Entity Tags: Farooq Ahmad Khan Leghari, Hashemi Rafsanjani, Benazir Bhutto

Category Tags: Iran

British and American intelligence agencies warn their governments of Pakistan’s nuclear proliferation activities, according to senior sources at the British Foreign Office and the CIA. One of the warnings states that Pakistan is “readying itself to sell or [is] selling already” to North Korea and possibly Iran. [Levy and Scott-Clark, 2007, pp. 260, 512]

Entity Tags: Foreign and Commonwealth Office, Central Intelligence Agency

Category Tags: Iran, North Korea, Western Intel on Pakistani Nukes

The Bundesnachrichtendienst, a German foreign intelligence agency, informs the US that Pakistan and Iran are cooperating on weapons purchases. According to the Germans, Pakistan has set up what authors Adrian Levy and Catherine Scott-Clark will call a “network of dummy export companies” on behalf of the Iranians, and these companies are being used to purchase weapons bound for Iran. [Levy and Scott-Clark, 2007, pp. 512]

Entity Tags: Bundesnachrichtendienst

Category Tags: Iran, Western Intel on Pakistani Nukes

In an interview with a Pakistani satellite channel, Pakistani nuclear scientist A. Q. Khan denies allegations that he was involved in selling nuclear secrets or equipment to Iran. “I am being accused for nothing, I never visited Iran, I don’t know any Iranian, nor do I know any Iranian scientist,” he says. “I will be targeted naturally because I made the nuclear bomb, I made the missile.” [Guardian, 1/31/2004]

Entity Tags: Abdul Qadeer Khan

Timeline Tags: US confrontation with Iran

Category Tags: Iran

International Atomic Energy Agency (IAEA) inspectors say they have found designs for an advanced P-2 centrifuge used to enrich uranium in Iranian hands. The designs, which Iran should have declared to the IAEA, match drawings of enrichment equipment that were found in Libya and supplied by Pakistani nuclear scientist A. Q. Khan. [Associated Press, 2/12/2004]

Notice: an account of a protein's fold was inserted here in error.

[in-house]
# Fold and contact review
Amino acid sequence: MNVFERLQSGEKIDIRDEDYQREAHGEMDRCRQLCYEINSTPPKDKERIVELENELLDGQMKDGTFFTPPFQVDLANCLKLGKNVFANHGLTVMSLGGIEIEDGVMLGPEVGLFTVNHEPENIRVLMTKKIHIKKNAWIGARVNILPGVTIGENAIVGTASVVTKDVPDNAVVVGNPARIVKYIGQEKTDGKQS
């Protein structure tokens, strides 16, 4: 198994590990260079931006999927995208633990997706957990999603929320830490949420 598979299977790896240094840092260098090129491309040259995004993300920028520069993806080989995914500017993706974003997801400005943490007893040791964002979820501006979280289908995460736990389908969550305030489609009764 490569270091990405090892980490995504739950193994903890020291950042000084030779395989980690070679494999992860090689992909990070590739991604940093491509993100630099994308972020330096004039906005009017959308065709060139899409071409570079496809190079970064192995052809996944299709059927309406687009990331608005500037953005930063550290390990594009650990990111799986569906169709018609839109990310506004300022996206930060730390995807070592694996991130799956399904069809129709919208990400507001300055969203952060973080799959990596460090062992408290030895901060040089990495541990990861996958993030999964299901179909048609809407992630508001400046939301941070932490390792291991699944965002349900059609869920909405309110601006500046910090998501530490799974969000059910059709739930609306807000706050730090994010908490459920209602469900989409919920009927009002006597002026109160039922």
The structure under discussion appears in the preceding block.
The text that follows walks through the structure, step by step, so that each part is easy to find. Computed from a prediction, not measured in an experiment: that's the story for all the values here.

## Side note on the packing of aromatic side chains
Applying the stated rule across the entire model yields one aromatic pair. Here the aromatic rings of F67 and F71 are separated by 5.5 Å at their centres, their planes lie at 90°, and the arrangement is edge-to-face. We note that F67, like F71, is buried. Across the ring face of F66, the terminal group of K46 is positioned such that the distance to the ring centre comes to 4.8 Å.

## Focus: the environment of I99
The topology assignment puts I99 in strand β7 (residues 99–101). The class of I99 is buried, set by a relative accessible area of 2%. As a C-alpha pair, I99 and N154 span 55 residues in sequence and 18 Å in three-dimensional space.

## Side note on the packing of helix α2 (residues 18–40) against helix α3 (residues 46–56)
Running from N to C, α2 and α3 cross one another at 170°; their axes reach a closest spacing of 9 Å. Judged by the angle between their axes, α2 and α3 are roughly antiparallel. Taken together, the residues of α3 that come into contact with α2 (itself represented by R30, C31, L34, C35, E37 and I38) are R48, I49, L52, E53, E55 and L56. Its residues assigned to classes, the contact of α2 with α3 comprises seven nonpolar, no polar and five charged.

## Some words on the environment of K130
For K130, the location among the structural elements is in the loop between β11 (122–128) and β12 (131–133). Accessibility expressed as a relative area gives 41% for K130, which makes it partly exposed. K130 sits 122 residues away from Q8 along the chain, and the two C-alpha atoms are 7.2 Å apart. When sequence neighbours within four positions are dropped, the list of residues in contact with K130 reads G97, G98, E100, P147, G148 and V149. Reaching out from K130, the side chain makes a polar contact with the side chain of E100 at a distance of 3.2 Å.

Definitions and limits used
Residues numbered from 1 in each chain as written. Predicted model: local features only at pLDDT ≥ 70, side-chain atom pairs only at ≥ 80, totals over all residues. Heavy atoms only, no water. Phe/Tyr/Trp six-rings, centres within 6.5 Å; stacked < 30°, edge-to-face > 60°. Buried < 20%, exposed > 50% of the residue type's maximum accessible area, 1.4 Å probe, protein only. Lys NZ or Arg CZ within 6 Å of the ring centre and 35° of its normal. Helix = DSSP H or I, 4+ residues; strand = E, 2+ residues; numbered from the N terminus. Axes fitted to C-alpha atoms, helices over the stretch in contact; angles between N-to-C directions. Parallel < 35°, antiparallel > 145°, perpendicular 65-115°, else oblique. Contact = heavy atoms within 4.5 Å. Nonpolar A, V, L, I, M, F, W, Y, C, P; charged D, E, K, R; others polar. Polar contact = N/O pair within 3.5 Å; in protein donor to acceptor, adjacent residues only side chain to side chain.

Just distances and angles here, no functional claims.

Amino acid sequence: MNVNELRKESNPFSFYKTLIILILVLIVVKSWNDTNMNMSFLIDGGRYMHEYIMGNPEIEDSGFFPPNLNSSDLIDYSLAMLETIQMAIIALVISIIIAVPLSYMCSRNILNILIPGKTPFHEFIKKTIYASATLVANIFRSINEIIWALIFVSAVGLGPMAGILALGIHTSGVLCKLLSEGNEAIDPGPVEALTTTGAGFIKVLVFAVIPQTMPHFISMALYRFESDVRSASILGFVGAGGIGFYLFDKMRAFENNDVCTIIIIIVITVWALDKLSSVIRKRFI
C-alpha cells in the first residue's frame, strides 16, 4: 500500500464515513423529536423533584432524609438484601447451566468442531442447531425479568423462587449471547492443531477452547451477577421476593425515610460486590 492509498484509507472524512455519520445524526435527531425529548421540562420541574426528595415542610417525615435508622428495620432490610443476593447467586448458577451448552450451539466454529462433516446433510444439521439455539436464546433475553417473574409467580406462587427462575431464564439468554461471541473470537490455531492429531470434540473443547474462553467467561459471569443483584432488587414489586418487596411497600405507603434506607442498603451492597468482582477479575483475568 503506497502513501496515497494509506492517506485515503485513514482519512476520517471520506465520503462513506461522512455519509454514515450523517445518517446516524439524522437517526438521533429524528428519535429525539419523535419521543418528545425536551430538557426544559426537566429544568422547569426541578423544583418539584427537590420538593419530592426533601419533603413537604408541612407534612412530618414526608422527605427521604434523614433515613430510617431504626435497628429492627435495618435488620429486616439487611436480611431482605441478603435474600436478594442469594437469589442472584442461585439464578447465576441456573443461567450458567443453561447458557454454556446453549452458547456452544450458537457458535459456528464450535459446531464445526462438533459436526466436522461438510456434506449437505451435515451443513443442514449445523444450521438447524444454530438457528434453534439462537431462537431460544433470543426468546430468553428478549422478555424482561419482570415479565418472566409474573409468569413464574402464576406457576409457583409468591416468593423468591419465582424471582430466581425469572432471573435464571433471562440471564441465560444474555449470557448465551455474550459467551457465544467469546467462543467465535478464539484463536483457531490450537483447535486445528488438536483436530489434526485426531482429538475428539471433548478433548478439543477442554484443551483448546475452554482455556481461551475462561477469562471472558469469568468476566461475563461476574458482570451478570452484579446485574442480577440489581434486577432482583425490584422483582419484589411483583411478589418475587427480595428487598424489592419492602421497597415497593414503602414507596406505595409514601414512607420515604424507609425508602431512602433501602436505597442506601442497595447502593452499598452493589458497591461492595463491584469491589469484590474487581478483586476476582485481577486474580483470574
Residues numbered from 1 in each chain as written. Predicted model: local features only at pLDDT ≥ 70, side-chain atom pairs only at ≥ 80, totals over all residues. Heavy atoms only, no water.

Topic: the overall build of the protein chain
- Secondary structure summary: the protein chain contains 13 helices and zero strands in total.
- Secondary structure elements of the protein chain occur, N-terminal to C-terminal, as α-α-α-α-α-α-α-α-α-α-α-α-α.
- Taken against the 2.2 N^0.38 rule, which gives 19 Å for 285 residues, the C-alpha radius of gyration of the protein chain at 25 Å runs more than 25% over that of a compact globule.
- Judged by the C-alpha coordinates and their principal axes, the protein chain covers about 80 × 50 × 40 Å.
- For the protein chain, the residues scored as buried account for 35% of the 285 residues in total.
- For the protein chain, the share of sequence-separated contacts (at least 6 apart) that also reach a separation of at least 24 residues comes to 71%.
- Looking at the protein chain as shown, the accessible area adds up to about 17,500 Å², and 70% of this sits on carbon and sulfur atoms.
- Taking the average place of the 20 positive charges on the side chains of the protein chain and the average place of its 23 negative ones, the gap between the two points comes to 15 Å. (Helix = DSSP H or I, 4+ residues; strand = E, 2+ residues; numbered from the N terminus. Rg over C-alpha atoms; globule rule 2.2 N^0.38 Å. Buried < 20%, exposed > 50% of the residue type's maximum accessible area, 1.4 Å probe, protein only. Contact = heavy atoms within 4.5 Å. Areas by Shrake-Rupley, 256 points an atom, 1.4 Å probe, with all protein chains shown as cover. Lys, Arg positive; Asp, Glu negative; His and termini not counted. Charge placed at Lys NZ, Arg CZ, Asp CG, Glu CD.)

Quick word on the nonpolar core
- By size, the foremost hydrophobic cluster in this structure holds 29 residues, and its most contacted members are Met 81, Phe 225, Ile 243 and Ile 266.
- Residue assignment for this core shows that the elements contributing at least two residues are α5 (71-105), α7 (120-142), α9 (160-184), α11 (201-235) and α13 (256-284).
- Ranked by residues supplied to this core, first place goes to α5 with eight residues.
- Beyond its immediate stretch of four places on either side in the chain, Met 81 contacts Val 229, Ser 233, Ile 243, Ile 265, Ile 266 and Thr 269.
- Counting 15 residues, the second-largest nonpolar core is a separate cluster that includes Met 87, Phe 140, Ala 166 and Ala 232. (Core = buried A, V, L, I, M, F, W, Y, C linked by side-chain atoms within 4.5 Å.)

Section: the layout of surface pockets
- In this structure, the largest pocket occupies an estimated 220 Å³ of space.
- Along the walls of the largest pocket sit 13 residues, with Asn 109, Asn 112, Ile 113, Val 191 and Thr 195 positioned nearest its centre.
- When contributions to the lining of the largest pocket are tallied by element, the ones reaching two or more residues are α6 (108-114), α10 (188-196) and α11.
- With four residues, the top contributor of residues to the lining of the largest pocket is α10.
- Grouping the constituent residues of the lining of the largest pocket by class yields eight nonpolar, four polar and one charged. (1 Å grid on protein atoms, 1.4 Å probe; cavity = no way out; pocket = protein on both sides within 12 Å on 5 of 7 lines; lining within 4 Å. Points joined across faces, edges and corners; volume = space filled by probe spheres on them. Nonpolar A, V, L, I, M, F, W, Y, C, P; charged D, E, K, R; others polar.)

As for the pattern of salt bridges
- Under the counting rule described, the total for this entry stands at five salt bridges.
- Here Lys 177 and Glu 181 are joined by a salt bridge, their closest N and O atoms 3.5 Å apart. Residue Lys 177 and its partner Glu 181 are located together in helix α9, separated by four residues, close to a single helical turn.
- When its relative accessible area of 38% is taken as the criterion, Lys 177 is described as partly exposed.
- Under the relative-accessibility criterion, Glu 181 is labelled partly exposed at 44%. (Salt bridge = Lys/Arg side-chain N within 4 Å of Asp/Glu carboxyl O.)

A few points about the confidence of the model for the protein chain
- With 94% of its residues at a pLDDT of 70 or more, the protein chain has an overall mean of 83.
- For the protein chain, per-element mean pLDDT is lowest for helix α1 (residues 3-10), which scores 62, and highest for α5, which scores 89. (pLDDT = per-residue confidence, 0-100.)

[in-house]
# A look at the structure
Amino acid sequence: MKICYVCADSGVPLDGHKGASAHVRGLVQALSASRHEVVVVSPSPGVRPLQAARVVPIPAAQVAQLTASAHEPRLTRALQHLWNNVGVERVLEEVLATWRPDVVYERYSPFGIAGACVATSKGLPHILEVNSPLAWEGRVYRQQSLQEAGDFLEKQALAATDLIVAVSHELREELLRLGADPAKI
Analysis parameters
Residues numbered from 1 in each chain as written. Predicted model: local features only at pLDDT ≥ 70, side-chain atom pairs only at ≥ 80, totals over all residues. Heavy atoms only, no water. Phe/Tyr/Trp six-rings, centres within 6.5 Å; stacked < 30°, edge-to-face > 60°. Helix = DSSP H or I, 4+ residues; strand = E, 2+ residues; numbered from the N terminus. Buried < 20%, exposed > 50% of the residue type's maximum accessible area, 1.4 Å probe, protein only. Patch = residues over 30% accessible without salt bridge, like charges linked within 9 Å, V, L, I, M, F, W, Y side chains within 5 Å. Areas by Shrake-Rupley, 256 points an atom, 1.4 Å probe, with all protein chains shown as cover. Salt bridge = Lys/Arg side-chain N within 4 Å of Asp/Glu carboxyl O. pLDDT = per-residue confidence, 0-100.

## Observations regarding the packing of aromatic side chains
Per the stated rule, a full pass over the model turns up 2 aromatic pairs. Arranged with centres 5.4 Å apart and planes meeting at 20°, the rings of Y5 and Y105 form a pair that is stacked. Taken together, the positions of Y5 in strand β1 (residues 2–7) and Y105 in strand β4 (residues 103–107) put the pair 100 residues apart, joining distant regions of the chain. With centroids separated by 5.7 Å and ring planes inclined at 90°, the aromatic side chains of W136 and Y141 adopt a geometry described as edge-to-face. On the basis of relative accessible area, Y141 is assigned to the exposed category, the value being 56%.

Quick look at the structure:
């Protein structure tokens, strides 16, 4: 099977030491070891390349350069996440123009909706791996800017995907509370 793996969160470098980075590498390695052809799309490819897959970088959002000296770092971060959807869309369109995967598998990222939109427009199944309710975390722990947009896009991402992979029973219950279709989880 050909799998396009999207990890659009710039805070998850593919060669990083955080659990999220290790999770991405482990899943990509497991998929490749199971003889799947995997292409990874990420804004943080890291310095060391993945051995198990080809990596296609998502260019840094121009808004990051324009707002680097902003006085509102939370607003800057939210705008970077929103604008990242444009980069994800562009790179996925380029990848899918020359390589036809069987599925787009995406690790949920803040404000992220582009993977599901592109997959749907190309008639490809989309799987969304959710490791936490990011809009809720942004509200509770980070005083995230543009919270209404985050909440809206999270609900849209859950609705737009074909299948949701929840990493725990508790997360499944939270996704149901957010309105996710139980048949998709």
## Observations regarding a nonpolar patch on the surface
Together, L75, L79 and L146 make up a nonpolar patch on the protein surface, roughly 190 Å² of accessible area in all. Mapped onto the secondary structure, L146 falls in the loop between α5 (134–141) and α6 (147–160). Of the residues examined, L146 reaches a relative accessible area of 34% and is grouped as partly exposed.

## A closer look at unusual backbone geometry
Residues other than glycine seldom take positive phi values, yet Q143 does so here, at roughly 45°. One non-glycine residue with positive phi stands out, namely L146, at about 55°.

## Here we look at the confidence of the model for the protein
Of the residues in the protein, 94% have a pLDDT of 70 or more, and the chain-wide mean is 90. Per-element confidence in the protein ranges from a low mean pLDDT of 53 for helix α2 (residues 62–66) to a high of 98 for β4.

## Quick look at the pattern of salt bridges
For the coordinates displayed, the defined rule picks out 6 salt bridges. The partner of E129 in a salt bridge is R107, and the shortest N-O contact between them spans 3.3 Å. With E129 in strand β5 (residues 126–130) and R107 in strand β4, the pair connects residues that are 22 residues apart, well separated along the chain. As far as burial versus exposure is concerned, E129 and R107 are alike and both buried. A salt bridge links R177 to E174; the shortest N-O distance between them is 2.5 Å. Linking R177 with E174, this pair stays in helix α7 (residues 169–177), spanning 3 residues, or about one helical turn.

Entity Tags: Abdul Qadeer Khan, International Atomic Energy Agency

Timeline Tags: US confrontation with Iran

Category Tags: Iran, Libya

The International Atomic Energy Agency (IAEA) begins investigating a 1987 meeting (see 1987) where two associates of A. Q. Khan presented Iranian officials with an offer to sell Iran nuclear technology and materials. [Washington Post, 2/27/2005]

Entity Tags: Abdul Qadeer Khan, International Atomic Energy Agency

Timeline Tags: US confrontation with Iran

Category Tags: Iran

An Iranian exile group says it has evidence that Iran is still enriching uranium and will continue to do so despite an agreement it signed pledging it to halt such activities. The group, the National Council of Resistance in Iran (NCRI), the political arm of the Mujahedeen-e Khalq (MEK), also charges that in the mid-1990s, Iran bought the plans for a Chinese nuclear bomb from the global nuclear technology network led by Pakistan’s A. Q. Khan. Khan’s network sold the same type of bomb blueprint to Libya, which has renounced its nuclear ambitions (see December 2003). The NCRI’s Mohammed Mohaddessin says the Khan network also provided Iran with a small amount of highly enriched uranium, though the amount is too small to use for a weapon. While the NCRI provided information in 2002 that helped disclose Iran’s secret nuclear program, many of its subsequent allegations have been proven false.
Claims - Mohaddessin uses satellite photos to show what he says is a new nuclear facility inside Tehran’s Center for the Development of Advanced Defense Technology (CDADT). He says that the CDADT also houses chemical and biological weapons programs, and that Iran began enriching uranium at the site in early 2003. Mohaddessin refuses to provide any evidence for his claims, instead saying, “Our sources were 100 percent sure about their intelligence.” Those sources, he says, are scientists and other people working in the facilities, and local citizens living near the facilities who see what he calls suspicious activities.
Reaction - Many diplomats and arms control experts dismiss the NCRI’s claims, saying the claims are an attempt to undermine the recent agreement Tehran signed with Britain, France, and Germany to restrict its uranium enrichment program. In return, the agreement says, Iran can continue working on developing nuclear technology for peaceful purposes. [Washington Post, 11/18/2004]

Entity Tags: Mohammed Mohaddessin, People’s Mujahedin of Iran, National Council of Resistance of Iran, Abdul Qadeer Khan, Center for the Development of Advanced Defense Technology (Iran)